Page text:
At some stage late in 1534, Phillips had come into a considerable amount of money. He left England for the Low Countries and enrolled in the university of Louvain on December 14, 1534. Louvain, and its university, were enthusiastically Catholic. Had Tyndale known his young friend had connections with Louvain, he would have dropped him. But he did not know. Neither did he know that Phillips had visited the imperial court at Brussels, establishing contact with the procurer-general and the imperial attorney.

When he called on Tyndale on May 21, the latter invited him to dine with him: "You shall go with me, and be my guest, where you shall be welcome." As they left the safety of the English House, Phillips insisted with a great show of courtesy that Tyndale lead the way. He pointed at him to identify him to the imperial officers he had brought with him from Brussels. The arrest was quiet and easy. The officers said later that they "pitied to see his simplicity when they took him".

The prisoner was held in the castle of Vilvoorde, the main state prison a few miles north of Brussels, a dank place with a moat fed by the turbid green waters of the River Zenne. The investigation of a suspect heretic, particularly one as distinguished as Tyndale, was a lengthy affair. Months passed in interrogations. Phillips was active, "following the suit against Master Tyndale", at hand if needed, translating passages of Tyndale's writing from English into Latin for the heresy commissioners, who had no English. These left no doubt that, in terms of Catholic orthodoxy, Tyndale was a heretic.On July 6, 1535, Sir Thomas More, whose devotion to the old religion matched Tyndale's rapture with the new, was beheaded in London. Tyndale was still alive in May 1536 when Anne Boleyn, who had done much for English evangelicals, was beheaded on Tower Green after failing to provide Henry VIII with a male heir.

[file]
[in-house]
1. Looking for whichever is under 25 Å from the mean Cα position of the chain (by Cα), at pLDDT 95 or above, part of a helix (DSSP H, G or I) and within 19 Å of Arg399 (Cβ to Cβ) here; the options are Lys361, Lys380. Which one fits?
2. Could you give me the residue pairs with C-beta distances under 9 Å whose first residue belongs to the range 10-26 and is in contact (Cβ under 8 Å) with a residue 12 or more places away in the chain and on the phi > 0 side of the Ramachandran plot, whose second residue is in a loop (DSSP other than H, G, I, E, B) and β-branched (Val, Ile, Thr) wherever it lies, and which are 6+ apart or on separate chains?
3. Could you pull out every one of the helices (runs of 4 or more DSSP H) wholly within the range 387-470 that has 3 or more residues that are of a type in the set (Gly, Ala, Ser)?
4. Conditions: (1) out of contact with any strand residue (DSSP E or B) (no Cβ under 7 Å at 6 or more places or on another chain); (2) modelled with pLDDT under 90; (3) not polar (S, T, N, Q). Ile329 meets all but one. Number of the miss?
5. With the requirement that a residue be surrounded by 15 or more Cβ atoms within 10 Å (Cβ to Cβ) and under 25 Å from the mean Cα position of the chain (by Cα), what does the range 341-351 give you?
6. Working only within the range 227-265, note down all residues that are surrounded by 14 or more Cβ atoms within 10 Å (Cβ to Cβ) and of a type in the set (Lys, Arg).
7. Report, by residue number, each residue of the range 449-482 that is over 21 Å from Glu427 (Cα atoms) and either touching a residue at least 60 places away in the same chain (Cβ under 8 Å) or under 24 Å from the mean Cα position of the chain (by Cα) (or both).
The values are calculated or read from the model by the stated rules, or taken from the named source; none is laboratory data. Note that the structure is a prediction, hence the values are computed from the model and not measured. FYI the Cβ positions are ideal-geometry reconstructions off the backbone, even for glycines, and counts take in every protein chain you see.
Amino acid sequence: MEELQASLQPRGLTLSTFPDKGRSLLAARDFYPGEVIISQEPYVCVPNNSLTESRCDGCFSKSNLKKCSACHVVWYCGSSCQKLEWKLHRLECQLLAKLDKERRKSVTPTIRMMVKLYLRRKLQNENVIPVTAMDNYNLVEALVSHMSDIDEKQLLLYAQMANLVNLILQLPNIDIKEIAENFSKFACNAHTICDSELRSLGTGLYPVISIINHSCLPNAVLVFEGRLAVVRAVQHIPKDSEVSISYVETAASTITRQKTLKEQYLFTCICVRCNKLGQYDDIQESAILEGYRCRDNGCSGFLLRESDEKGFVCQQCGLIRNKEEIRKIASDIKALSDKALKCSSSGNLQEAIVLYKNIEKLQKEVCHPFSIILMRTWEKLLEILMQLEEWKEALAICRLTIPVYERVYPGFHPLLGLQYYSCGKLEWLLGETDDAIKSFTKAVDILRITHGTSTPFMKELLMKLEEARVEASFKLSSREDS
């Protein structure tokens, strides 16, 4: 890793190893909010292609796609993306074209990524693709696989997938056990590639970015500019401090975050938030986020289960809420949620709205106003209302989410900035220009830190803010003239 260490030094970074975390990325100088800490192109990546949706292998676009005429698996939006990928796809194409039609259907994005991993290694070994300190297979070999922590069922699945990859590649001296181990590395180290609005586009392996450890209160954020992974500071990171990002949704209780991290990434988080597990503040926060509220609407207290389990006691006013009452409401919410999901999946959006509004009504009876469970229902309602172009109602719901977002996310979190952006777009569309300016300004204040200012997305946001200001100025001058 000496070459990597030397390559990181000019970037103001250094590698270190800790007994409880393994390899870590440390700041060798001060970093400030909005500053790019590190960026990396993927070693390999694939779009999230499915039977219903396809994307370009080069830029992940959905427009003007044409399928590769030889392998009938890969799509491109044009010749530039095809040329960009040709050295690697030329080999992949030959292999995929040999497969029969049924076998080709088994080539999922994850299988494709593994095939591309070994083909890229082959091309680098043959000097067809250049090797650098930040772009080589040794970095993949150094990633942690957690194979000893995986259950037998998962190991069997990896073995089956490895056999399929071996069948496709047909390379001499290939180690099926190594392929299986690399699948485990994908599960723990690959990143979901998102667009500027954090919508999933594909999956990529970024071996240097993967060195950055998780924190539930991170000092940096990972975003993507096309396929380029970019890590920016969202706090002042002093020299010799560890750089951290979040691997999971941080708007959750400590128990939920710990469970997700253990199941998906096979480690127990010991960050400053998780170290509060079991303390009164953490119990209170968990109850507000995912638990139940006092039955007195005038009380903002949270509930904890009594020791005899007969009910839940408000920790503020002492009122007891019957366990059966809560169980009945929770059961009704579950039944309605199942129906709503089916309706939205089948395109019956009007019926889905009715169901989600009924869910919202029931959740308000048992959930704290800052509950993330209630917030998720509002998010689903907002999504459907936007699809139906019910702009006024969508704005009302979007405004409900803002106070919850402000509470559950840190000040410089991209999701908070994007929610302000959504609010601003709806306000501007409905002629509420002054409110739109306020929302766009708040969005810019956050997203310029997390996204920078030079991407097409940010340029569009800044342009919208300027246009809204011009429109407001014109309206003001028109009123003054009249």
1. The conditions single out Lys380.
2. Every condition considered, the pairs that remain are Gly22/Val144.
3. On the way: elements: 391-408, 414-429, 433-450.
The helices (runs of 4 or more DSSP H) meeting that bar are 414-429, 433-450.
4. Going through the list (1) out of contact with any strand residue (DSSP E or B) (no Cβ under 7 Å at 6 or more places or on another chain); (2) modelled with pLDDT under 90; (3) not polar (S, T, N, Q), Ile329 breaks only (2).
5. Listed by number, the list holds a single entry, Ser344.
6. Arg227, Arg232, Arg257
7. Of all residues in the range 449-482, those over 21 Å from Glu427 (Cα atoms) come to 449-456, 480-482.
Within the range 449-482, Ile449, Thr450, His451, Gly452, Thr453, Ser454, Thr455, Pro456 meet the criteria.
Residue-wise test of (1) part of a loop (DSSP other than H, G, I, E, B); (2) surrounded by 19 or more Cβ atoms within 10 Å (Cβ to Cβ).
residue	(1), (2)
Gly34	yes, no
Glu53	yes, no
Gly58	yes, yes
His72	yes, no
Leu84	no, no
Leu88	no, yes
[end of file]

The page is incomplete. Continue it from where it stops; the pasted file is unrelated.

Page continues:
In his last surviving words, Tyndale asked for a warm cap, "for I suffer greatly from cold in the head", and for cloth to patch his leggings; he asked to be allowed a lamp, for "it is indeed wearisome sitting alone in the dark"; but "most of all, I beg and beseech... that the commissary will kindly permit me to have the Hebrew bible, Hebrew grammar and Hebrew dictionary..."